There has been more than a little celebration as the result of the huge shale gas deposits discovered in Pennsylvania and elsewhere. The discovery has led to a sense among many that our energy problems are not terribly urgent. Even President Obama referred to a 100 year supply of natural gas in his second State of the Union address. The U.S. is now predicted to become the world’s top oil and gas producer in the year 2017. What those predictions don’t tell is how long the U.S. is expected to remain in that position.
According to one expert, that status could be very short-lived indeed. In fact, according toDavid Hughes, a scientist who spent 32 years with the Geological Survey of Canada, the exceedingly optimistic estimates could be setting us up for a fall, the likes of which we have not seen since the real estate collapse of 2008. Hughes is currently a fellow with thePost Carbon Institute.
Shale gas has grown explosively to the point that it now supplies some 40 percent of U.S. natural gas. But the question is, how long can that explosion last?
Hughes has noted in his report, Drill Baby Drill that it’s not the amount of gas in situ, but the achievable rate of supply that really matters. It turns out, there are significant constraints to achieving the needed rates for both shale gas and oil. After studying production data for some 65,000 shale gas wells, using the industry standard DI Desktop /HPDI database, Hughes found that the vast majority of these wells are depleted within five years.
So although, there is a huge amount of gas and oil sitting there, it will become increasingly difficult, risky and expensive to retrieve those resources as time goes on. The very high rates of decline of these wells will require thousands of new wells to be dug at a cost that could well exceed the value of the energy extracted. In the case of shale gas, Hughes estimates a cost of $42 billion per year as compared to $32.5 billion worth of gas that was produced in 2012.
A similar scenario exists with the shale (tight) oil, The two main plays in North Dakota (Bakken/yellow) and Texas (Eagle Ford/brown) are declining rapidly and will require over 1500 new wells annually at a cost of $14 billion, just to offset the declines. Production of this oil is expected to peak in 2017 (the year the US briefly becomes top producer) dropping back within two years to 2012 levels and essentially petering out by 2025. In other words, this whole shale oil bonanza will be a bubble of about ten years’ duration (see graph).
Tar sands oil, the raison d’être for the much-opposed Keystone XL pipeline, is likewise troubled. It contains relatively low energy while requiring lots of energy, in the form of steam, to produce. Some estimates claim a cost of as much as $100 per barrel.
It is not just Hughes saying this. The Energy Information Administration (EIA) sees U.S. domestic crude oil production including shale oil peaking at 7.5 million barrels per day (mbd) in 2019 (well below the all-time U.S. peak of 9.6 mbd in 1970), and by 2040 the share of domestically produced crude oil is projected to be lower than it is today.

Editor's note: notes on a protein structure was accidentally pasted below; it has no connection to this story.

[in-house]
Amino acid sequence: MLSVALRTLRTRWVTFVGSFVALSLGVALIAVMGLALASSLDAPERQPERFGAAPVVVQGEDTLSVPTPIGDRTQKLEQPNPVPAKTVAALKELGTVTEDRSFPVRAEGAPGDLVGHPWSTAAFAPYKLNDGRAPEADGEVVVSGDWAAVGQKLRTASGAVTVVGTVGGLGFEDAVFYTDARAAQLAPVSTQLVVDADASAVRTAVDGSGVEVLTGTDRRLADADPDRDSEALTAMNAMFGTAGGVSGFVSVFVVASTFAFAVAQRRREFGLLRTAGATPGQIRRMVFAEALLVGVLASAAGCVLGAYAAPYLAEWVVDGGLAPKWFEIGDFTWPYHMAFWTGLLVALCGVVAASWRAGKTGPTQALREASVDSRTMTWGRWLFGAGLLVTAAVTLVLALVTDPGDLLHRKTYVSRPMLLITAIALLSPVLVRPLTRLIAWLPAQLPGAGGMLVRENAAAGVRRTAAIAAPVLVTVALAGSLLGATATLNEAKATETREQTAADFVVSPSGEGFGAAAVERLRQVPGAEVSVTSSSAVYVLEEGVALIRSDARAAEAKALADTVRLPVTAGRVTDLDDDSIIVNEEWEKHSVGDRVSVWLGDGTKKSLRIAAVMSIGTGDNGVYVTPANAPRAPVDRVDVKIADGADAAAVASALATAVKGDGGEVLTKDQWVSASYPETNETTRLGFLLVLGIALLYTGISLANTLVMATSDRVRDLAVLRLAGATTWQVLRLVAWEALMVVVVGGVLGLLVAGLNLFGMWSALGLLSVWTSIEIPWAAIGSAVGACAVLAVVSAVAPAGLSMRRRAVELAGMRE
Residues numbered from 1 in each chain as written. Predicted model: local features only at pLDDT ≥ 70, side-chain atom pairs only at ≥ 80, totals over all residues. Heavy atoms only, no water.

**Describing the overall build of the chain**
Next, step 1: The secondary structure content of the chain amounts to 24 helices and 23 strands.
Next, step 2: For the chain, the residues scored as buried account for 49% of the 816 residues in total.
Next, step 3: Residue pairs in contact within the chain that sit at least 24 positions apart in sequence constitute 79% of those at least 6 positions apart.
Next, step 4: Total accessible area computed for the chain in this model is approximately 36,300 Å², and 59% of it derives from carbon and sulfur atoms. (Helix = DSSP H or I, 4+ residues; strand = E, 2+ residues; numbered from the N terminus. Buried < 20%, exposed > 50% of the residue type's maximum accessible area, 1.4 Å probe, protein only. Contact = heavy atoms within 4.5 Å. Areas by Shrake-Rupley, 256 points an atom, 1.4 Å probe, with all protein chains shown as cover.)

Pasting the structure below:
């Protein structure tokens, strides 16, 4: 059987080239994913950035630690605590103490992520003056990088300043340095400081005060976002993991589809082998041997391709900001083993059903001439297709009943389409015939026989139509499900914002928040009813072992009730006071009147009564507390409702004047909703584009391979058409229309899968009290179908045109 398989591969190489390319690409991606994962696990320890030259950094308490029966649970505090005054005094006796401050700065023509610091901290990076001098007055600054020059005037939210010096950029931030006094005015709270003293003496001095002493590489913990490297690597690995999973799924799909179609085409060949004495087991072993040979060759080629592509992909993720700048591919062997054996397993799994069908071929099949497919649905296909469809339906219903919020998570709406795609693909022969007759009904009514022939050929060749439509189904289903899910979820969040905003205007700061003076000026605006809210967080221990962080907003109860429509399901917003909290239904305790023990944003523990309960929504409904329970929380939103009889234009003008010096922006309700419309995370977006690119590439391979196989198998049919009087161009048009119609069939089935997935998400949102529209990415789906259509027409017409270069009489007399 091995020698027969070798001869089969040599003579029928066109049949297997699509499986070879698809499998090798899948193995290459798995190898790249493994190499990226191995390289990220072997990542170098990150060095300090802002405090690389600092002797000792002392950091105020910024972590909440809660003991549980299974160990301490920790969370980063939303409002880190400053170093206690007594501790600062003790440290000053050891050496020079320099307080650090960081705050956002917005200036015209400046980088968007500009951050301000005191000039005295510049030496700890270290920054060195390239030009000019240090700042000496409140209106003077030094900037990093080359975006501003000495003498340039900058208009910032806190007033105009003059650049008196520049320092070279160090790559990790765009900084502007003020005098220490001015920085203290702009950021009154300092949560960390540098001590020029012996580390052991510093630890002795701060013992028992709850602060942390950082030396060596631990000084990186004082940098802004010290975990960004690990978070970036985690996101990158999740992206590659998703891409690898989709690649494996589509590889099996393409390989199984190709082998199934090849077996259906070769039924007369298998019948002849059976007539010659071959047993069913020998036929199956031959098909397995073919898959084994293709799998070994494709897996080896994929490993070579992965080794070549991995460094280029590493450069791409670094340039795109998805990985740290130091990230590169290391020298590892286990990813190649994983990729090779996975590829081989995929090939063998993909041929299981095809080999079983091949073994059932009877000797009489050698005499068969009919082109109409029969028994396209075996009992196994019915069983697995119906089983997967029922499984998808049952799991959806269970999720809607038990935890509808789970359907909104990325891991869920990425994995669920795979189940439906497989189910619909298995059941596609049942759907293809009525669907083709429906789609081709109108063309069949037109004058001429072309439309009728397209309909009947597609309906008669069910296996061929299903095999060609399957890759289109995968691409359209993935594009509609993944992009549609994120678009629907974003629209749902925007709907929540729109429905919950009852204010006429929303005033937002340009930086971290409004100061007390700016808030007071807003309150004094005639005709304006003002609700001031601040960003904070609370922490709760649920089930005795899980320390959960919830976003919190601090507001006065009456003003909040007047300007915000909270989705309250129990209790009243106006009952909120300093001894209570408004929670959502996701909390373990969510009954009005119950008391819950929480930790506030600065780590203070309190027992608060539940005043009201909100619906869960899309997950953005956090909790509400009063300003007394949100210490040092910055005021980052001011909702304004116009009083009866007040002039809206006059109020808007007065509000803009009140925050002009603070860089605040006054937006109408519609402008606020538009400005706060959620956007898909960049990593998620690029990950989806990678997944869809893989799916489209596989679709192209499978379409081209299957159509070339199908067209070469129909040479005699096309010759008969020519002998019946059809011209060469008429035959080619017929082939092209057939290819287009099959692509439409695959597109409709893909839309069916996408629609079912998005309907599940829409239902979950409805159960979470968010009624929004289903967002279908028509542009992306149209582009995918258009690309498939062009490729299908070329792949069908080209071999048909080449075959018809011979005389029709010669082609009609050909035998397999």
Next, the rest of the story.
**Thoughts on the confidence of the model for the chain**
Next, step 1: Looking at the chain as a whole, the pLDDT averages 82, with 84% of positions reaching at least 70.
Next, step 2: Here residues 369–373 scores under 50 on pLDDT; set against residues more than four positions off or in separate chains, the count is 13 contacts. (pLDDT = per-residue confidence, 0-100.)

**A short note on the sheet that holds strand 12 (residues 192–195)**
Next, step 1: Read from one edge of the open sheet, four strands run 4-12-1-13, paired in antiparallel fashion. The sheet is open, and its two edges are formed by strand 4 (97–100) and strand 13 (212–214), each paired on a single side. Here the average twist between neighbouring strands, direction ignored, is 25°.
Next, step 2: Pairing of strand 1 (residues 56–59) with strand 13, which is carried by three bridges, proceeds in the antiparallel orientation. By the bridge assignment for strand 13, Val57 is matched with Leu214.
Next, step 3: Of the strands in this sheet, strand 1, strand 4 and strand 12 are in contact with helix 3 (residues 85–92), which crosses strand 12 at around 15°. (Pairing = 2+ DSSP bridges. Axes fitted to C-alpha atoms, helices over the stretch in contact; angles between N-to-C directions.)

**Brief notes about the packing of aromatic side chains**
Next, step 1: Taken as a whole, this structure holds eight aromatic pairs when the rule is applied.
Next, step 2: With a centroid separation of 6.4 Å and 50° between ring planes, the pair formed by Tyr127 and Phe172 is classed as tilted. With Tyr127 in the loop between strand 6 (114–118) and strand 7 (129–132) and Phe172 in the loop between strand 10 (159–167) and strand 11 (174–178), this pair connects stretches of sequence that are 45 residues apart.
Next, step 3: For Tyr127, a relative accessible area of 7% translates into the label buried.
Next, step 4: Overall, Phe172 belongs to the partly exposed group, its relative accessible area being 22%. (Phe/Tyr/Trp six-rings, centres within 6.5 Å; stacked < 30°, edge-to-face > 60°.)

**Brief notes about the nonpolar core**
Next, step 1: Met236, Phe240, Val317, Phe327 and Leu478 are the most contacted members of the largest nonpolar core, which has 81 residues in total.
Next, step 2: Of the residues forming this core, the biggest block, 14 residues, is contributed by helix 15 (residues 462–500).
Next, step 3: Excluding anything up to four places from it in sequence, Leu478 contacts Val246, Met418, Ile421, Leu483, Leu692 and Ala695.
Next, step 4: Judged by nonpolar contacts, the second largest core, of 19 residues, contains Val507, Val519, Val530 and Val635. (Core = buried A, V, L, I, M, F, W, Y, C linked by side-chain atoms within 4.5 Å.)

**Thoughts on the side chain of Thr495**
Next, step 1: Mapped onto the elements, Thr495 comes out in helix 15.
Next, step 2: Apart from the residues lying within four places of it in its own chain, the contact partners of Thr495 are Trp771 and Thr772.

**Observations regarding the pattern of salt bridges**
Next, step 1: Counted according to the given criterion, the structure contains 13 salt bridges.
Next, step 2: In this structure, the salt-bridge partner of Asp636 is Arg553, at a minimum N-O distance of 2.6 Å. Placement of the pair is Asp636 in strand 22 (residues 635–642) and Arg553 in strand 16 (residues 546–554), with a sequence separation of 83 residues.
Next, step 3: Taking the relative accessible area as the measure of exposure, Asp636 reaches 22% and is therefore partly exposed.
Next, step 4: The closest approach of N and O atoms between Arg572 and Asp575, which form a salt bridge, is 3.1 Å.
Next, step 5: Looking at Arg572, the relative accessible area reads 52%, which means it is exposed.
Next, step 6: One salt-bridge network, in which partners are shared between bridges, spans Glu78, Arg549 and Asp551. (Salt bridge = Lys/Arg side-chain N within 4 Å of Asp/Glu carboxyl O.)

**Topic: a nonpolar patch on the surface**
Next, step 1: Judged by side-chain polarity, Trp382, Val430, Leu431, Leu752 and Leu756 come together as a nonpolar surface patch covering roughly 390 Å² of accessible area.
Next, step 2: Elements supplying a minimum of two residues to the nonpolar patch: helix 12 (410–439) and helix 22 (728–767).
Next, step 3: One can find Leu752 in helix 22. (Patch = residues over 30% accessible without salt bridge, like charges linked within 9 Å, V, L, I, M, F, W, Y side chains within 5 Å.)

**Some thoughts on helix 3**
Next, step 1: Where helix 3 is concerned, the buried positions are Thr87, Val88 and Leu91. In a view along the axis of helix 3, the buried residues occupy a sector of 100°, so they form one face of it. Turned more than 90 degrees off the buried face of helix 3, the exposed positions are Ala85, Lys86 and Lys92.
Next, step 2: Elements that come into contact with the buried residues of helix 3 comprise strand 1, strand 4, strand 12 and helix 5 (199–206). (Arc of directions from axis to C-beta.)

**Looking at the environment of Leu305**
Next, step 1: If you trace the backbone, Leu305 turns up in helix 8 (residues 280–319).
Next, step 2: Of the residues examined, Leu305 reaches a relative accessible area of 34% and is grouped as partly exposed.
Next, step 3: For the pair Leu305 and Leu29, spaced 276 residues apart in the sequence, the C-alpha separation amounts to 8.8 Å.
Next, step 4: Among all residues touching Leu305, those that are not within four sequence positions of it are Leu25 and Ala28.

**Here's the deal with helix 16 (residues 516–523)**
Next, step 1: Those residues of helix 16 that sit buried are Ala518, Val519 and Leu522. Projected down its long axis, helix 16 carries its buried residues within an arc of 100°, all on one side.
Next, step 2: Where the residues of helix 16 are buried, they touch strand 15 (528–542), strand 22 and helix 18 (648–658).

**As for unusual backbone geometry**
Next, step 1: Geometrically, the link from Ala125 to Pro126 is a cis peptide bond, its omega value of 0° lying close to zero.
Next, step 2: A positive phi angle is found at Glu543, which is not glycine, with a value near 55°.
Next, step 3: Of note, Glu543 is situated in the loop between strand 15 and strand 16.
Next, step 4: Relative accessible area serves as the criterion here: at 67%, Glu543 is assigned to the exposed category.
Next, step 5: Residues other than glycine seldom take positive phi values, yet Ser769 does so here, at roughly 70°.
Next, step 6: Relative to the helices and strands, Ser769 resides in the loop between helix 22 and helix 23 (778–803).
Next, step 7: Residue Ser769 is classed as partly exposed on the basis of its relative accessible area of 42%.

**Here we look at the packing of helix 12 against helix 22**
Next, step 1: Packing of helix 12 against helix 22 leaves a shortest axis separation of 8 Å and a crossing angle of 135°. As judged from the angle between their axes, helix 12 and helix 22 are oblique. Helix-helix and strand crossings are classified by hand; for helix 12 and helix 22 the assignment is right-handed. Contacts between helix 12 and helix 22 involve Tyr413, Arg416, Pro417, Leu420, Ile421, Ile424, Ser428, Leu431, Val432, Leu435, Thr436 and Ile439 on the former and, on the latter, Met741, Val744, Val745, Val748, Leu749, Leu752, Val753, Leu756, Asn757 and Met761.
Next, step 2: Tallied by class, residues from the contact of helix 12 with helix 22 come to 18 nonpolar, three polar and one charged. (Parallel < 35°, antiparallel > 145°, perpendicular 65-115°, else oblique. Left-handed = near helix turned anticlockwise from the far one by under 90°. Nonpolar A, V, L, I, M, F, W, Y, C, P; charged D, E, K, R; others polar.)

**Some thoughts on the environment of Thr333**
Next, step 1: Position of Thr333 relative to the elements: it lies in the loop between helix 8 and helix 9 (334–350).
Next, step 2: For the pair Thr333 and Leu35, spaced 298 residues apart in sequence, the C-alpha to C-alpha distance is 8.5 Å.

At the same time as Hughes’ report came out, Deborah Rogers of the Energy Policy Forum also issued her report, Shale and Wall Street: Was the Decline in Natural Gas Prices Orchestrated?. Rogers is a former investment banker, now the founder of the Energy Policy Forum. According to her report, shale mergers and acquisitions became one of the most profitable areas for Wall St. investment banks, accounting for some $46.5 billion worth of deals. Her report provides evidence that Wall Street promoted the natural gas drilling frenzy (much as it did the housing bubble), by, among other things, conspiring with energy companies to overstate the size of reserves by as much as 4-500% , as well as understating the steep decline rates and highly inefficient nature of these operations. Furthermore, they drove production to unsustainable levels in an effort to drive prices down to encourage investment and manipulate government policy in a direction most favorable to domestic oil and gas production. Because of the debt resulting from these highly leveraged operations, stated reserves may have broken SEC rules in an effort to avoid collateral default.
So, it seems what we have here is a conspiracy of misinformation, on the part of energy companies and their Wall Street backers, intended, in the name of short term profit, to lure our economy out onto a branch of the energy tree that is not strong enough to hold its weight.
When that branch collapses, prices will suddenly go through the roof, and the result will be much the same as the financial collapse of 2008, only this time the government will be asked to bail out the oil companies.
I think it would be appropriate, given this information, to immediately terminate the Keystone XL pipeline and to initiate criminal prosecution of all those involved, for their attempt to defraud the American public, and to, once again put the entire world economy at risk.
And, it’s time for this game to get some rules, so this doesn’t keep happening.
[Image courtesy of Post Carbon Institute]
RP Siegel, PE, is an inventor, consultant and author. He co-wrote the eco-thriller Vapor Trails, the first in a series covering the human side of various sustainability issues including energy, food, and water in an exciting and entertaining format. Now available onKindle.
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